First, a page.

An American Abroad

Boca Chica

One of the great things about staying in hostels is that it’s easy to meet people who are going out to see what’s to be seen, just like you. I like traveling alone. But I also enjoy connecting with other travelers for short excursions. Which is what happened when I met Shuqiang Ma.

Ma is a 56 year old Chinese man who lives in Riga, Latvia. He is a serious, committed traveler and has visited over 90 countries. I liked him immediately. We chatted about southwest China where I used to live, and I was happy to find that he had been to many of the towns in Yunnan Province that I visited. Though he hadn’t been in Santo Domingo any longer than I, he has already sussed out the cheapest ways to get around. I discovered later that he also has an excellent sense of direction, which is always a good quality in a travel companion.

Over breakfast at the Island Life Backpackers Hostel, he mentioned that he was going to Boca Chica that morning and asked if I’d like to come along. Why not?

Ma had already scoped out a public bus that runs from Santo Domingo to Boca Chica and that costs only a few dollars. We set off to find the bus station together. Ma led us there in fifteen minutes.

The ride out to Boca Chica tracked the coastline as we headed east. The bus was full. I sat hip-to-hip next to a lushly-upholstered Dominican woman named Rosa. Once the bus driver cranked up the salsa, Rosa began singing along and dancing in her seat. Being the nearest available dance partner, I began sit-dancing along with her. We cracked each other up. Across the aisle, Ma look on, bemused.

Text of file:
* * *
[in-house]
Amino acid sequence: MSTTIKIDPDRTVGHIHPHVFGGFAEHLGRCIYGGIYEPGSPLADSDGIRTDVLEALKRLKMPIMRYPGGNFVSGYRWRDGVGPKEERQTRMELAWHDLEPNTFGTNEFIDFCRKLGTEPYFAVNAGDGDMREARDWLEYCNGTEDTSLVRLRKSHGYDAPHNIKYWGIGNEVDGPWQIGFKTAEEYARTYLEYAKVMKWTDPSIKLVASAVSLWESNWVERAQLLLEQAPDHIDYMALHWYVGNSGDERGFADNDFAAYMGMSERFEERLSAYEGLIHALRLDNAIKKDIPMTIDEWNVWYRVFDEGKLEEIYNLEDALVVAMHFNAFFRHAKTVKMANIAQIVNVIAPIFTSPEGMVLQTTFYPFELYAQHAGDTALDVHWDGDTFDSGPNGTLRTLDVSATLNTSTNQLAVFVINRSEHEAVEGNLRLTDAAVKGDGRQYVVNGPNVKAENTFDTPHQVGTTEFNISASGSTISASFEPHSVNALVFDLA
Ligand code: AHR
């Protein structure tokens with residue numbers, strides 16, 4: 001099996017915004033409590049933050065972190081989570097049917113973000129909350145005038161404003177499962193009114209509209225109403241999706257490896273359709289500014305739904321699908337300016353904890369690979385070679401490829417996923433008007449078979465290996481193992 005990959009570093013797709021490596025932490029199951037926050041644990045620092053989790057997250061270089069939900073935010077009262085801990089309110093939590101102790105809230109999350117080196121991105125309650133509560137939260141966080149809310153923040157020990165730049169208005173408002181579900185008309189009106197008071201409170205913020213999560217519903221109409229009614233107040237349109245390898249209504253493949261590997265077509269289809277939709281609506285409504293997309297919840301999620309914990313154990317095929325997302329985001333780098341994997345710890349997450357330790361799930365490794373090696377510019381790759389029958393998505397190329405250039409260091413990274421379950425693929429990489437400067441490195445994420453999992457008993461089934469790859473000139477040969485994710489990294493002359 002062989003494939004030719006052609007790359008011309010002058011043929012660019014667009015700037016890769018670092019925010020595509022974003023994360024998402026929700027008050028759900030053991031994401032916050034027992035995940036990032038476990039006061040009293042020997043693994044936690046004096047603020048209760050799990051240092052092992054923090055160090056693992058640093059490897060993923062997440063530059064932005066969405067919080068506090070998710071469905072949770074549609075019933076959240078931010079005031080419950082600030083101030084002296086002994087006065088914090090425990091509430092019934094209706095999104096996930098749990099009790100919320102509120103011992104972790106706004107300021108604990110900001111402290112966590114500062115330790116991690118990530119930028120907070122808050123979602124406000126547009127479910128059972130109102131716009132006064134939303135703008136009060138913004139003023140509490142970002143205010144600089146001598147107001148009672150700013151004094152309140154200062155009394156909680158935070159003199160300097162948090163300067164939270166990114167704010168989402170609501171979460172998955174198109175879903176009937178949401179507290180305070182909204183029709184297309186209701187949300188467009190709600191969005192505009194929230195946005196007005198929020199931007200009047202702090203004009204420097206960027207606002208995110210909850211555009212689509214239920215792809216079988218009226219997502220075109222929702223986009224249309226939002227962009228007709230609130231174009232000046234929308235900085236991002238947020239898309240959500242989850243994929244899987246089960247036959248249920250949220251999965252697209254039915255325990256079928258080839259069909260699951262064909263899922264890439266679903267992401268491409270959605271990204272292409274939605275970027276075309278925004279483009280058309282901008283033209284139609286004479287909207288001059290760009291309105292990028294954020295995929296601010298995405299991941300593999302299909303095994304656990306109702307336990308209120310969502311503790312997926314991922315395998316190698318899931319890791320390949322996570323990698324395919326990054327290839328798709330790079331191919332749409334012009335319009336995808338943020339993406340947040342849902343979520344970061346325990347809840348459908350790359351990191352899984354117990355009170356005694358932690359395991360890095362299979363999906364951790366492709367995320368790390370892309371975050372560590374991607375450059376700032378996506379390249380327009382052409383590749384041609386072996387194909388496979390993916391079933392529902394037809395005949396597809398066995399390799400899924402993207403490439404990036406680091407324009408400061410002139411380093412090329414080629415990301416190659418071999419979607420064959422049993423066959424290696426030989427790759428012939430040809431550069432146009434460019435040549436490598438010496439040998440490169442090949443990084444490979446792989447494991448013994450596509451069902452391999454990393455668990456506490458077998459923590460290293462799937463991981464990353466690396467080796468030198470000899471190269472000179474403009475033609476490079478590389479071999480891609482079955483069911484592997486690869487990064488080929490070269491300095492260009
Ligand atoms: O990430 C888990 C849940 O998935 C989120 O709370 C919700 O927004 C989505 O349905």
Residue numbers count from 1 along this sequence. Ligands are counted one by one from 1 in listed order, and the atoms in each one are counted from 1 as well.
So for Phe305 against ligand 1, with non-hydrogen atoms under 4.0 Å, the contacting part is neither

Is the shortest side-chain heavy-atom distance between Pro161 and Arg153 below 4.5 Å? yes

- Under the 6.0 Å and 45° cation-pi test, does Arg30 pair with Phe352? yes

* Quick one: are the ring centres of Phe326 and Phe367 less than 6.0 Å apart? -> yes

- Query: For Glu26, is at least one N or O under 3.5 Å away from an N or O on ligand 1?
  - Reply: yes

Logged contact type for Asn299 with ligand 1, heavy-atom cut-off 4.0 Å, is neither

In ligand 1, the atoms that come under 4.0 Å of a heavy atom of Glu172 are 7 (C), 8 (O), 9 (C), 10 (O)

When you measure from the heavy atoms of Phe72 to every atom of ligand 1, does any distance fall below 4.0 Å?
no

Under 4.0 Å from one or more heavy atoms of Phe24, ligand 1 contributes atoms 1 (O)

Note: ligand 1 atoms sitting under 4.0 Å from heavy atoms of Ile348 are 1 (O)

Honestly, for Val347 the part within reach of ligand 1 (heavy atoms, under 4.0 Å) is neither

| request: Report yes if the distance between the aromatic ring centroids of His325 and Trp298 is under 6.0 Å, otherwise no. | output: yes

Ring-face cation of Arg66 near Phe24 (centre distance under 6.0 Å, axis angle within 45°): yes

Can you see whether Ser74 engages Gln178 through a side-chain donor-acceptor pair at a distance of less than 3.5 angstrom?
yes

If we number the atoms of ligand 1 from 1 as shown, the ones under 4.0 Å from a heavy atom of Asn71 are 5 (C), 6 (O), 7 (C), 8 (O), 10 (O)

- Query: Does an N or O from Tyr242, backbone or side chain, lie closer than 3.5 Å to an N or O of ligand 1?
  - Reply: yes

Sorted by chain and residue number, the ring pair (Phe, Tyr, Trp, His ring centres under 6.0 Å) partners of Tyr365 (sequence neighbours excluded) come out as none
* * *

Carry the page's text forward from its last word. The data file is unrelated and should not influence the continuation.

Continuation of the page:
As we headed out of the city, the road tracked the Caribbean shore. In thirty minutes, we were at Boca Chica, a town whose major attraction is its public beach. The place had a slightly seedy, over-used look to it. Other travelers had warned us that the touts, pimps, and souvenir salesmen there were a constant annoyance, but though we did encounter a few such people, it was hardly overwhelming. And they generally took one firm no for an answer.

We were here:

Ma and I took turns swimming in the warm, calm Caribbean waters.

Lots of Dominicans were out for a Sunday swim too.

One of the more unusual sights at the beach was a children’s play area with a swing set topped with roughly-scuplted airplanes. I was even more surprised to see American and Israeli flags on the planes. I couldn’t decide if this was some sort of political commentary — and if so, if it was intended to be positive or negative.

After a few hours, we walked through the edge of the town to the bus stop and headed back to Santo Domingo.

By the time we were back at the hostel, I was feeling the effects of the sun and sea and took a brief nap before rising to go explore again.

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